BY PIERS MCGRANDLE
OUTGOING CATHOLIC MP David Alton is to lead a campaign to convince the government of the presence of "foetal pain".
However the devout MP for Liverpool Mossley Hill, who announced his retirement from Westminster last week, hopes to steer clear of any legislative methods, and is keen to attract normally unsympathetic colleagues to his cause.
"Nobody wants to legislate when it is unnecessary; we would far rather do this in discussion with the government", he told the Herald.
There are two proposals being put forward to the Government. One is to "eliminate trauma to unborn children by using anaesthesia". The other is for "women to sign a commitment form before the operation".
This latest move, organised by the fast-growing Move'Bent for Christian Democracy (MCD), follows groundbreaking medical research showing that foetal pain is discernible at nine weeks, the stage at which most abortions are carried out.
"Because of abortion, the foetus is treated as a nonperson, as if it is not there; in fact, it is a human being with a complete nervous system", a spokesperson said.
A seminal article last July in the doctors' journal The Lancer, has acted as a catalyst to the MCD's campaign. The journal printed a case study into foetal sentience, documented by a group of respected medics, which concluded that the foetus responded hormonally to a medical procedure known as "interuterine needling".
Data drawn up by doctors showed that "the foetus mounts a hormonal stress response to invasive procedures."
It raises the possibility that the human foetus feels pain in utero". A similar point was produced in a paper this year by Dr Maria Fitzgerald, from University College in London.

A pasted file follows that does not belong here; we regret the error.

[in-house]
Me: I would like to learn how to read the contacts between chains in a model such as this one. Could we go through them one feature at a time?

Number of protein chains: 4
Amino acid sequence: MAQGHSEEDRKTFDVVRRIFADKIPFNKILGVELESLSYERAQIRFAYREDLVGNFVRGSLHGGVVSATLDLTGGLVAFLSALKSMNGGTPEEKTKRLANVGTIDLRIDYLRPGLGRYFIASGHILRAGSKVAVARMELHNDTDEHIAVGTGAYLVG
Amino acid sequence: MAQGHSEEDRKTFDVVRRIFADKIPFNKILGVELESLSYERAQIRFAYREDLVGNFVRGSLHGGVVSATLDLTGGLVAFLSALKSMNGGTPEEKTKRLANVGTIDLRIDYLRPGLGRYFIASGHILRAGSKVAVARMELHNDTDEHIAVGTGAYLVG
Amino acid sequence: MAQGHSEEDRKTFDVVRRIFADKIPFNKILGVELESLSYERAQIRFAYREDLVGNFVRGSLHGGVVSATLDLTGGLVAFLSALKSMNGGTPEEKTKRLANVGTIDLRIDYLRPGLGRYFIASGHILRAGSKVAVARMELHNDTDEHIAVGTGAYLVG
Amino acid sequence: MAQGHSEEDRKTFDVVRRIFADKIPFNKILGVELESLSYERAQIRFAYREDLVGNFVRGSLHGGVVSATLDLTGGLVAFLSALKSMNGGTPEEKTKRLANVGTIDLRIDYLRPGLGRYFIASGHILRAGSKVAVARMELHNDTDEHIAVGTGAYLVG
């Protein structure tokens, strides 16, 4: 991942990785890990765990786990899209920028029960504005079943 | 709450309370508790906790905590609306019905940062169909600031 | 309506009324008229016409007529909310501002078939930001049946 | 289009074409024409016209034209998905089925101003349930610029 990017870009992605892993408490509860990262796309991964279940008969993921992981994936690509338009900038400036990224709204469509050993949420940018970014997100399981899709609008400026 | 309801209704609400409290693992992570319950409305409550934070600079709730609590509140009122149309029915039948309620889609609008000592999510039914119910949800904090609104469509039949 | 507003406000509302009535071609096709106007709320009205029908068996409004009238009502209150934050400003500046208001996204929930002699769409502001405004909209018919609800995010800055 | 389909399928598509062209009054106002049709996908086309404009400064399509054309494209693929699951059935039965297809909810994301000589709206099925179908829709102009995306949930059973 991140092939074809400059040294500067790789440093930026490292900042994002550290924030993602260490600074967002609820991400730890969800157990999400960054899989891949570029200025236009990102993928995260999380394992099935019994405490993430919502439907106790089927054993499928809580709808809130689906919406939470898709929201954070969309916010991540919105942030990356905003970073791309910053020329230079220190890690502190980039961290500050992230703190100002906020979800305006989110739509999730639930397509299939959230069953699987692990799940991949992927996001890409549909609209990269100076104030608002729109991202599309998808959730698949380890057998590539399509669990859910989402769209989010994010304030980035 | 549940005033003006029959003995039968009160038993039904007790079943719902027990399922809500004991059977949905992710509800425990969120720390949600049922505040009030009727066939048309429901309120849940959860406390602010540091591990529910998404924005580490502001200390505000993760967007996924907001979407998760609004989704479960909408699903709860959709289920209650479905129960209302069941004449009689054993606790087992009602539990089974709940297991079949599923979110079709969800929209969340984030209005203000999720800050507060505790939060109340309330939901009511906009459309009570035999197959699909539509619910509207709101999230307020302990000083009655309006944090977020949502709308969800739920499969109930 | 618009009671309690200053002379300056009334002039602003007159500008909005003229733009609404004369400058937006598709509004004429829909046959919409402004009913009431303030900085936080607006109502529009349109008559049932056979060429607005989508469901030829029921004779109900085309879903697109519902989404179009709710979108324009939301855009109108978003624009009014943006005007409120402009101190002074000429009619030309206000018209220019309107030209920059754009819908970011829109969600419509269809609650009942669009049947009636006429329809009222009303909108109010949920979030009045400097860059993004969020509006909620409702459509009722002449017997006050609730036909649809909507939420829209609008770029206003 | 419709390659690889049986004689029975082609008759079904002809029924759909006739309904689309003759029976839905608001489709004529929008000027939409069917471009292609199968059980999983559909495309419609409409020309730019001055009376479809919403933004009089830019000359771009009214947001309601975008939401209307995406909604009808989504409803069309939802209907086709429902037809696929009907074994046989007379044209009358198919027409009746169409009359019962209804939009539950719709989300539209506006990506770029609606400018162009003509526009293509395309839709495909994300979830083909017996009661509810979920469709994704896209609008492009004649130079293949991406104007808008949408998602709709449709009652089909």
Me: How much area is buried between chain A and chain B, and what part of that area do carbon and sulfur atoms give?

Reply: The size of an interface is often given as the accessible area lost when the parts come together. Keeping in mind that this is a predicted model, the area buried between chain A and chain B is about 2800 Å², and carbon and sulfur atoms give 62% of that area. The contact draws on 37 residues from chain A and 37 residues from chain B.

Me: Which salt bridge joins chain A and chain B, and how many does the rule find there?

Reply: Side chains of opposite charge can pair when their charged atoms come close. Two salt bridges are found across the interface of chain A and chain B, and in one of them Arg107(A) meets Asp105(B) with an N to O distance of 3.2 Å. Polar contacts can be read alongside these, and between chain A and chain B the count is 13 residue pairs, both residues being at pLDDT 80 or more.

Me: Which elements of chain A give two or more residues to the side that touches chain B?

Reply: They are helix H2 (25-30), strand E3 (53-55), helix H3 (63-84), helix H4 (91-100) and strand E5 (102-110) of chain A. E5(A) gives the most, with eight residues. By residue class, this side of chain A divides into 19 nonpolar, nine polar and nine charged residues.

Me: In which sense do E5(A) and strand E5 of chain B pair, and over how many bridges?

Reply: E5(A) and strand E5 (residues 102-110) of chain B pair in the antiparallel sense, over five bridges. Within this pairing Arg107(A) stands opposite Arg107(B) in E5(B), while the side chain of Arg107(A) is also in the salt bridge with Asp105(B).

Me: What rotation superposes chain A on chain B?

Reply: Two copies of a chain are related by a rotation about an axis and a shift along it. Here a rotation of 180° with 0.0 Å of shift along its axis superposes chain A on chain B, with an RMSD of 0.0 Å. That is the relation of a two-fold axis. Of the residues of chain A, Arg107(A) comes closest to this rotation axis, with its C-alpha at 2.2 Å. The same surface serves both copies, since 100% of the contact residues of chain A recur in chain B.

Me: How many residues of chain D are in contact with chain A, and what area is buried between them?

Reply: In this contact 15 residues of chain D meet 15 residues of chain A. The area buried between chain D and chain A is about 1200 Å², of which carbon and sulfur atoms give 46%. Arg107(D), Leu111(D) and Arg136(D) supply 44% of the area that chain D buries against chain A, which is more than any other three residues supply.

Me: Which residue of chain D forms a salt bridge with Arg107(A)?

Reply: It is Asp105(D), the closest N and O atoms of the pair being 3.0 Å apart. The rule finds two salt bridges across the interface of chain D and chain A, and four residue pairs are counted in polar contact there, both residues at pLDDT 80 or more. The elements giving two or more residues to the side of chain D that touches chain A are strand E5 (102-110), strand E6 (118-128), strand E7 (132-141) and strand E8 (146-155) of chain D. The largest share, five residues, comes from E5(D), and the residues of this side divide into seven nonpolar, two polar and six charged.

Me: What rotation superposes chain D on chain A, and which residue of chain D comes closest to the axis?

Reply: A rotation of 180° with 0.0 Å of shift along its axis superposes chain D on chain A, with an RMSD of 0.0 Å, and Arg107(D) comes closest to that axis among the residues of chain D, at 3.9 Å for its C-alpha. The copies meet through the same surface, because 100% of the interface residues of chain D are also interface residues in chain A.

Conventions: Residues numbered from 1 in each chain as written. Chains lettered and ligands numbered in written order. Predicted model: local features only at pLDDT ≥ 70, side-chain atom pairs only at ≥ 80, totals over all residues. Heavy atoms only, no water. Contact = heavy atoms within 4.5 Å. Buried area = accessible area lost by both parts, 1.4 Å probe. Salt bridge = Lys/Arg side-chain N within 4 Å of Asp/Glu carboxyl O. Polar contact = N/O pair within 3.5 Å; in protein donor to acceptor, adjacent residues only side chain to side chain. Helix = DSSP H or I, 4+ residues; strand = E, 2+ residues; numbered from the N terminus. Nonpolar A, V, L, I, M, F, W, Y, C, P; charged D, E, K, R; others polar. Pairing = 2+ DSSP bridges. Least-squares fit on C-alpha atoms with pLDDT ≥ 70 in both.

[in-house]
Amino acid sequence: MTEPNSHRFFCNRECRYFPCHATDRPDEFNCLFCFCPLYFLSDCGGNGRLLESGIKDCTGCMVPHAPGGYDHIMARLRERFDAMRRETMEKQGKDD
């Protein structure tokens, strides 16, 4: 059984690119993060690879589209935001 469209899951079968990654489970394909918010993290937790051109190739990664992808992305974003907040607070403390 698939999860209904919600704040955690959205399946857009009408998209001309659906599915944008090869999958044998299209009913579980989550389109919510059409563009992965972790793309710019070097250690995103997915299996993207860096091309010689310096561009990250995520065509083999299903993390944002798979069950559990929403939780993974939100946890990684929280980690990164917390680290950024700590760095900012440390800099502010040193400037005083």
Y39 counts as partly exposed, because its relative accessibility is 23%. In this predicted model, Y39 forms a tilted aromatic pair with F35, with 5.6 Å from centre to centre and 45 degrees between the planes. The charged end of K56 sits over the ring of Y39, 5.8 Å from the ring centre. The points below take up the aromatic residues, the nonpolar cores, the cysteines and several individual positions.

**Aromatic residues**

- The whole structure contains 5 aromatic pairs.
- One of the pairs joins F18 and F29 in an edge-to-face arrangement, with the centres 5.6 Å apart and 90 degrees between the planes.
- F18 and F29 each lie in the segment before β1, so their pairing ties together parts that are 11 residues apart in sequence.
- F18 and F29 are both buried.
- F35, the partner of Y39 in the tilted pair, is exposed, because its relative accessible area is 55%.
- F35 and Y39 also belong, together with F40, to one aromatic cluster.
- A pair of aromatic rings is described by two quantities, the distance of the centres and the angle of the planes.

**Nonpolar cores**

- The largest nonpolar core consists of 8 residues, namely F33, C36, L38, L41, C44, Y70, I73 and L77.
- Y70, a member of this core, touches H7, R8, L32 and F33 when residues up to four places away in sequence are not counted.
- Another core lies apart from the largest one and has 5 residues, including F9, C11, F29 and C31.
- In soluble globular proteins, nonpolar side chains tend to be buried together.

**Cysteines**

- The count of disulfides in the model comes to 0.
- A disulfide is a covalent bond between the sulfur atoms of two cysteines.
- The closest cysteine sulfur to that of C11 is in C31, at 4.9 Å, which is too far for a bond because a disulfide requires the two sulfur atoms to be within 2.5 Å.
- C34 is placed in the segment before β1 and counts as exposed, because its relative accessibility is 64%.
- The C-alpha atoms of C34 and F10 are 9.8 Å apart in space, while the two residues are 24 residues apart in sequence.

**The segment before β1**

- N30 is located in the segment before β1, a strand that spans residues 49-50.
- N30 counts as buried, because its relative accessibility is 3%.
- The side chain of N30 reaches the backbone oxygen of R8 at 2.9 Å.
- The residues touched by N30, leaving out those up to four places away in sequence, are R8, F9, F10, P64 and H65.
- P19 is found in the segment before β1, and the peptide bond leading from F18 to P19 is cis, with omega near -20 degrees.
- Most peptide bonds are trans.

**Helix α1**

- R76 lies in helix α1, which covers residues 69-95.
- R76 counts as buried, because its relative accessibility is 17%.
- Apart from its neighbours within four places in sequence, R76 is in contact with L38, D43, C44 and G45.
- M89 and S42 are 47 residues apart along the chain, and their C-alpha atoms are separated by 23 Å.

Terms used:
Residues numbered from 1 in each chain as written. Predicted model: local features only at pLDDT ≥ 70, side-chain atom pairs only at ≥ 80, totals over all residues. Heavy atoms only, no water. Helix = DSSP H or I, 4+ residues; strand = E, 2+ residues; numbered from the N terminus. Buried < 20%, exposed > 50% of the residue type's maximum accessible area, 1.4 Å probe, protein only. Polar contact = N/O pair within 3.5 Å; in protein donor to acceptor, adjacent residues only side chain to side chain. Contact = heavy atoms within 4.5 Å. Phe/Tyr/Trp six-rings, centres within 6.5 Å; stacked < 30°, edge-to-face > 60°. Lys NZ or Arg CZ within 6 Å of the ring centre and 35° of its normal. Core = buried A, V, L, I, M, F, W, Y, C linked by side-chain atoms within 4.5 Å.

The recent Lancet piece was a contribution to a debate on foetal pain initiated in 1941 by neurological expert ID Hogg.
Hogg was followed by the pioneer of foetal medicine, Professor Sir William Liles', who repeatedly stated that foetuses respond to pain in the same way as dogs or people.
The government has always allowed a free vote on abortion, although successive Health Secretaries have advocated increasingly liberal legislation.
A Department of Health
spokesman told the Catholic Herald this week that the Government was aware of "considerable diversity of opinion within society and the medical profession. The Government does not have one view on foetal sentience; they listen to a whole range of opinion personal, medical and scientific".
The BMA has spoken out in favour of the existing abortion laws. Dr Fleur Fisher, head of ethics, described the current law as a "humane piece of legislation and we have always backed it".
The Birth Control Trust also condemned the move, describing it as "very insidious".
"It relies on bad, unapproved science and is clearly intended to introduce an element of guilt both for doctors, and women seeking abortions," a spokesperson said.
David Alton, aged 44, is most famous for his Private " Member's Bill in 1987 to reduce the legal age of abortion to 18.
The Bill, which gained widespread public support, was finally talked out of Parliament.
Last year, Mr Alton successfully added an amendment to the Criminal Justice Bill controlling the marketing of gratuitously violent videos.